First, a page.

03 June 2007

The Seminole War

Ok, so this is a good time to put here somre sites I saw related to the early part of the Seminole Wars. Unfortunetly, many of these sites are lost except for historic markers, and few people know much about or have even heard of the Seminole wars. Yet they were the country's longest and most expensive Indian wars, and were a constant point of argument, mainly between North and South, eerily similar to the power struggle before the Civil War. The Seminoles, who were descended from other Indian tribes, including hostile factions of Creeks defeated a few years earlier, were constantly in skirmishes with white pioneers along the Florida Georgia border. Important to note is that at this time, Florida still belonged to Spain, and as such, many Southern slaves ran south into Florida for freedom, where they found sanctuary among the Seminoles. With tensions quickly growing between the two sides, a fort was built in southern GA, named Fort Scott (previously known as Fort Crawford.) This fort was located near the Seminole village of Fowltown, which was informed that they were on white lands according to the Treaty of Fort Jackson. The village leader, named Neamathla, responded that the treaty was void because his village did not recognize it. According to Seminole tradition, he was technically correct, because there was no way for any Indian to speak for all the individual tribes and villages. This problem continued to plague the US for the rest of the war. But consequently, on Nov 21, 1817, soldiers from Fort Scott were sent to Fowltown to bring Neamathla to Fort Scott. The Seminoles resisted and two days later the village was burned. A state of war now existed. The army selected Andrew Jackson to lead the fight against the Seminoles and he raised volunteers from Southern states which he led to Florida. Within a year, hostilities had ceased, and the first of three Seminole Wars was over. Most Seminoles were now in the peninsula of Florida, with some remaining around the Appiachicola river. The photo above is in Bainbridge, GA, where Fort Hughes was located. The fort was named for the first US casualty, a bugler named Hughes, killed on Nov 28, 1817. The two markers below are located south of Cordelle, GA (see earlier post) marker points along Jackson's march south.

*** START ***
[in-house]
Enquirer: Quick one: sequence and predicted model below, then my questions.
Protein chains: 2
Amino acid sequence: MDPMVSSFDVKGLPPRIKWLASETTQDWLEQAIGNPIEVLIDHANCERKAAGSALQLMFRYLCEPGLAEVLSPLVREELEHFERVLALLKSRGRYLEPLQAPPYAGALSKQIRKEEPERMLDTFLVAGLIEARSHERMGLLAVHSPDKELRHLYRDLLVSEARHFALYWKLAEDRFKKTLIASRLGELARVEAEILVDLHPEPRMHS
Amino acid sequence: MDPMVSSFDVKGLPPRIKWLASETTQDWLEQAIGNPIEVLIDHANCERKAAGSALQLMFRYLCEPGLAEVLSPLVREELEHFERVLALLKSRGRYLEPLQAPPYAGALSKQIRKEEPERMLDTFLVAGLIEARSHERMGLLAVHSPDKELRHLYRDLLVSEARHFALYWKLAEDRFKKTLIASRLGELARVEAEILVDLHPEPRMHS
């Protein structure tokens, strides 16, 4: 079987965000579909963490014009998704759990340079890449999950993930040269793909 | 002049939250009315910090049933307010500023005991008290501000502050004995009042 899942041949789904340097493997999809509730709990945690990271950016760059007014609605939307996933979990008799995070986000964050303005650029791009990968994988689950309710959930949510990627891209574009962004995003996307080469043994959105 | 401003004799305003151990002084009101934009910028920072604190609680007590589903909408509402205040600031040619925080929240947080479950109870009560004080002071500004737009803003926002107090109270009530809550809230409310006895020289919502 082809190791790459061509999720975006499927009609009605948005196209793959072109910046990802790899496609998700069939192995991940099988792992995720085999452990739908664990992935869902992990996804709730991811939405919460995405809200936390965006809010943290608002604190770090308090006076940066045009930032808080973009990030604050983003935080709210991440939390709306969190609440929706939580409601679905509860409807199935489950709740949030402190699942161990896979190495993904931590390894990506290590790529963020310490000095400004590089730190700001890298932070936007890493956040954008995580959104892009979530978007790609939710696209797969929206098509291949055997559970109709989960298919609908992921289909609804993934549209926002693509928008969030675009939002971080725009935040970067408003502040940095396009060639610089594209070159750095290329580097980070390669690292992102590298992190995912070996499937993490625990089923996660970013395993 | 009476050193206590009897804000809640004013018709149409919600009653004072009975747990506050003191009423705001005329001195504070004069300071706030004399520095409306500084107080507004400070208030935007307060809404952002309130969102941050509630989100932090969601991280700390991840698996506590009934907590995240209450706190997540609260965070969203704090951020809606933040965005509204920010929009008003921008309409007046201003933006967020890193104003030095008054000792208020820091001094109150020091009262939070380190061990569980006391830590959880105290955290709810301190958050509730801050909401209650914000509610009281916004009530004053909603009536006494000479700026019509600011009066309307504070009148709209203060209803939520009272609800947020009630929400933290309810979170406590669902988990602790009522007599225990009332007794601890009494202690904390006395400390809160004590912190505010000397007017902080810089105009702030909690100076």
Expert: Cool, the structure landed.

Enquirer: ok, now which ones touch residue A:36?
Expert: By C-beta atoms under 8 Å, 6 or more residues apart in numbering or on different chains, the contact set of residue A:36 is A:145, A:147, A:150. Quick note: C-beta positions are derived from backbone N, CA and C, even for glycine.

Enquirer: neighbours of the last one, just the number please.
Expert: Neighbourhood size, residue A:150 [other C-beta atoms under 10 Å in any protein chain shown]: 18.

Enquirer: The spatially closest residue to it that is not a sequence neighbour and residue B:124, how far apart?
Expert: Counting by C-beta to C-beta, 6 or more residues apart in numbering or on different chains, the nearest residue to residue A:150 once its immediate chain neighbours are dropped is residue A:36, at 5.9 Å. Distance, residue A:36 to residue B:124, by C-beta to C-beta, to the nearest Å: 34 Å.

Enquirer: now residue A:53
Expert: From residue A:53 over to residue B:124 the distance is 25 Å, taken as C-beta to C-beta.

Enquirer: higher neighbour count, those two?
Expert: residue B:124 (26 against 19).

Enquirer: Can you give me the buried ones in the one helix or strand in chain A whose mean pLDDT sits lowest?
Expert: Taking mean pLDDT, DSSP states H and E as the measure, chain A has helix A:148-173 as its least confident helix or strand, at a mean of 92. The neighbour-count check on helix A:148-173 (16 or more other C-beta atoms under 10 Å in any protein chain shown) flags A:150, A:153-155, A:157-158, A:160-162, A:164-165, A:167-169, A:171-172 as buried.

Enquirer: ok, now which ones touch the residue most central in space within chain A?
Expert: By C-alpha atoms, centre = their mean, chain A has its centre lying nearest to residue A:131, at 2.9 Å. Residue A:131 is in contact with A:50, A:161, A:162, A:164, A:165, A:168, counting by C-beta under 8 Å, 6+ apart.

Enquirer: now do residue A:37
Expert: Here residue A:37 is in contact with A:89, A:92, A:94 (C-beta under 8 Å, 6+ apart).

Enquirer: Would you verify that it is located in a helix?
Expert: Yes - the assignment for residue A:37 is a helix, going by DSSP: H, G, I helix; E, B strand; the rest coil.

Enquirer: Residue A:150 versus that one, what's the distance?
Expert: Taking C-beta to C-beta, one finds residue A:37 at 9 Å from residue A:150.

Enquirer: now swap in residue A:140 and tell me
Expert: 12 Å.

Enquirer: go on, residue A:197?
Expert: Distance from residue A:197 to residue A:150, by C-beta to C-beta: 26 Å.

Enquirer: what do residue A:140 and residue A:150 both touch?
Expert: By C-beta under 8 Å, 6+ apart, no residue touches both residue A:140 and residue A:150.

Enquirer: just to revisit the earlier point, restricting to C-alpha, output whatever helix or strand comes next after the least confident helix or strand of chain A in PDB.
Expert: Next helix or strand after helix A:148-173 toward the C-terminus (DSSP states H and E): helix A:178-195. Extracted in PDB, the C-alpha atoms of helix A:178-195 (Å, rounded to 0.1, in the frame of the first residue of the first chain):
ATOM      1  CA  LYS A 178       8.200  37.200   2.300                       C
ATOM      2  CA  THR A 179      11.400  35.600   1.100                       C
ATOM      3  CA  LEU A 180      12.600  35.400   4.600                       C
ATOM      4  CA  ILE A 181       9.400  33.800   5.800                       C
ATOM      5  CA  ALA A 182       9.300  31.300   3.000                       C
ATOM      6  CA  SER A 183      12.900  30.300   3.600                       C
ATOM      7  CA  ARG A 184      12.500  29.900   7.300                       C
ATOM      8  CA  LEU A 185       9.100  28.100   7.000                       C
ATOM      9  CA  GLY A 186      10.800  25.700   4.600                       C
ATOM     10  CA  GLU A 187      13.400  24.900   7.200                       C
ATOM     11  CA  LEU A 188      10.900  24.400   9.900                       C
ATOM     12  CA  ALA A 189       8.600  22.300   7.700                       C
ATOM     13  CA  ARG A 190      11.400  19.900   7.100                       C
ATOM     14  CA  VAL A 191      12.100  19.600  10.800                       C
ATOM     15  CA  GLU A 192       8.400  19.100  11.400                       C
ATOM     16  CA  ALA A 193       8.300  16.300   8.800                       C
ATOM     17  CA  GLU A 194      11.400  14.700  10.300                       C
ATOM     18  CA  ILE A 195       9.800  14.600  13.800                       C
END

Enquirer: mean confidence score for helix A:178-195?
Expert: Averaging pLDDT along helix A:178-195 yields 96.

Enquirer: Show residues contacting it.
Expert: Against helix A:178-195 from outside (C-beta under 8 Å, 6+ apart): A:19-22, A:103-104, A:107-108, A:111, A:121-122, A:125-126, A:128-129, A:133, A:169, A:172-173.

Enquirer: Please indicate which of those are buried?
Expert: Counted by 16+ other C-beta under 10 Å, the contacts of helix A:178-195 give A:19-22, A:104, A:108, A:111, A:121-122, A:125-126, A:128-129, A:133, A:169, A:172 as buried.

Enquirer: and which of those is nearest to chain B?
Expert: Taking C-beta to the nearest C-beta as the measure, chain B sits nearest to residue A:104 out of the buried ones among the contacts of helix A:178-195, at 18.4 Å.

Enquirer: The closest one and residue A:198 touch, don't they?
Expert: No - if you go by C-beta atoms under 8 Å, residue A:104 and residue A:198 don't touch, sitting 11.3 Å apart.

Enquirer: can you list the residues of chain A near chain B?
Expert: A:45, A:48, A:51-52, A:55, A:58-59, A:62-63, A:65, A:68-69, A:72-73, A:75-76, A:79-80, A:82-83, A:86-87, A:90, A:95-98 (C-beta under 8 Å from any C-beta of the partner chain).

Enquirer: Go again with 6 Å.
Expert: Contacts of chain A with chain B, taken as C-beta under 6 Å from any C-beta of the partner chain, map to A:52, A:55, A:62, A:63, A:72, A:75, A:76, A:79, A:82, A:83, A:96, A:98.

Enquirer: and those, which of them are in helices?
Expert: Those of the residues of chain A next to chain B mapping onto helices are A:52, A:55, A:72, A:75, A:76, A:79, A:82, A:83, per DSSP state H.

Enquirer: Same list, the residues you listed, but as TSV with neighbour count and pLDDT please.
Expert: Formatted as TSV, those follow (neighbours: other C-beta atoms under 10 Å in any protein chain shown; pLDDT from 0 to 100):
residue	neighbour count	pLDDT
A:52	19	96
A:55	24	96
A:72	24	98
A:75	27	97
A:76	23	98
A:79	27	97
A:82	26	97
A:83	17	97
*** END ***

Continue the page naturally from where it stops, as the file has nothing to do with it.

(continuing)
Site of Herod town (below), where Jackson led his men South through, and was joined by a friendly Indian named Herod and his men. It is located south of Dawson, GA (see earlier post).
Early marker for Herod Town.

Site of Fort Scott, where soldiers were based that attacked Fowltown. Jackson also collected his forces here prior to invading Spanish Florida to attack the Seminoles. It is located on the southern bank of Lake Seminole, west of Bainvridge, GA. Below: the site of Fowltown, the attack on which signaled the begining of the First Seminole War.
Site of Fort Hughes, in Bainbridge, GA. The closer of the two canon was originally placed at Fort Scott, before the site was covered by Lake Seminole. The farther of the canon is on the site of Fort Hughes. They are protected in the J.D. Chason park.

No comments: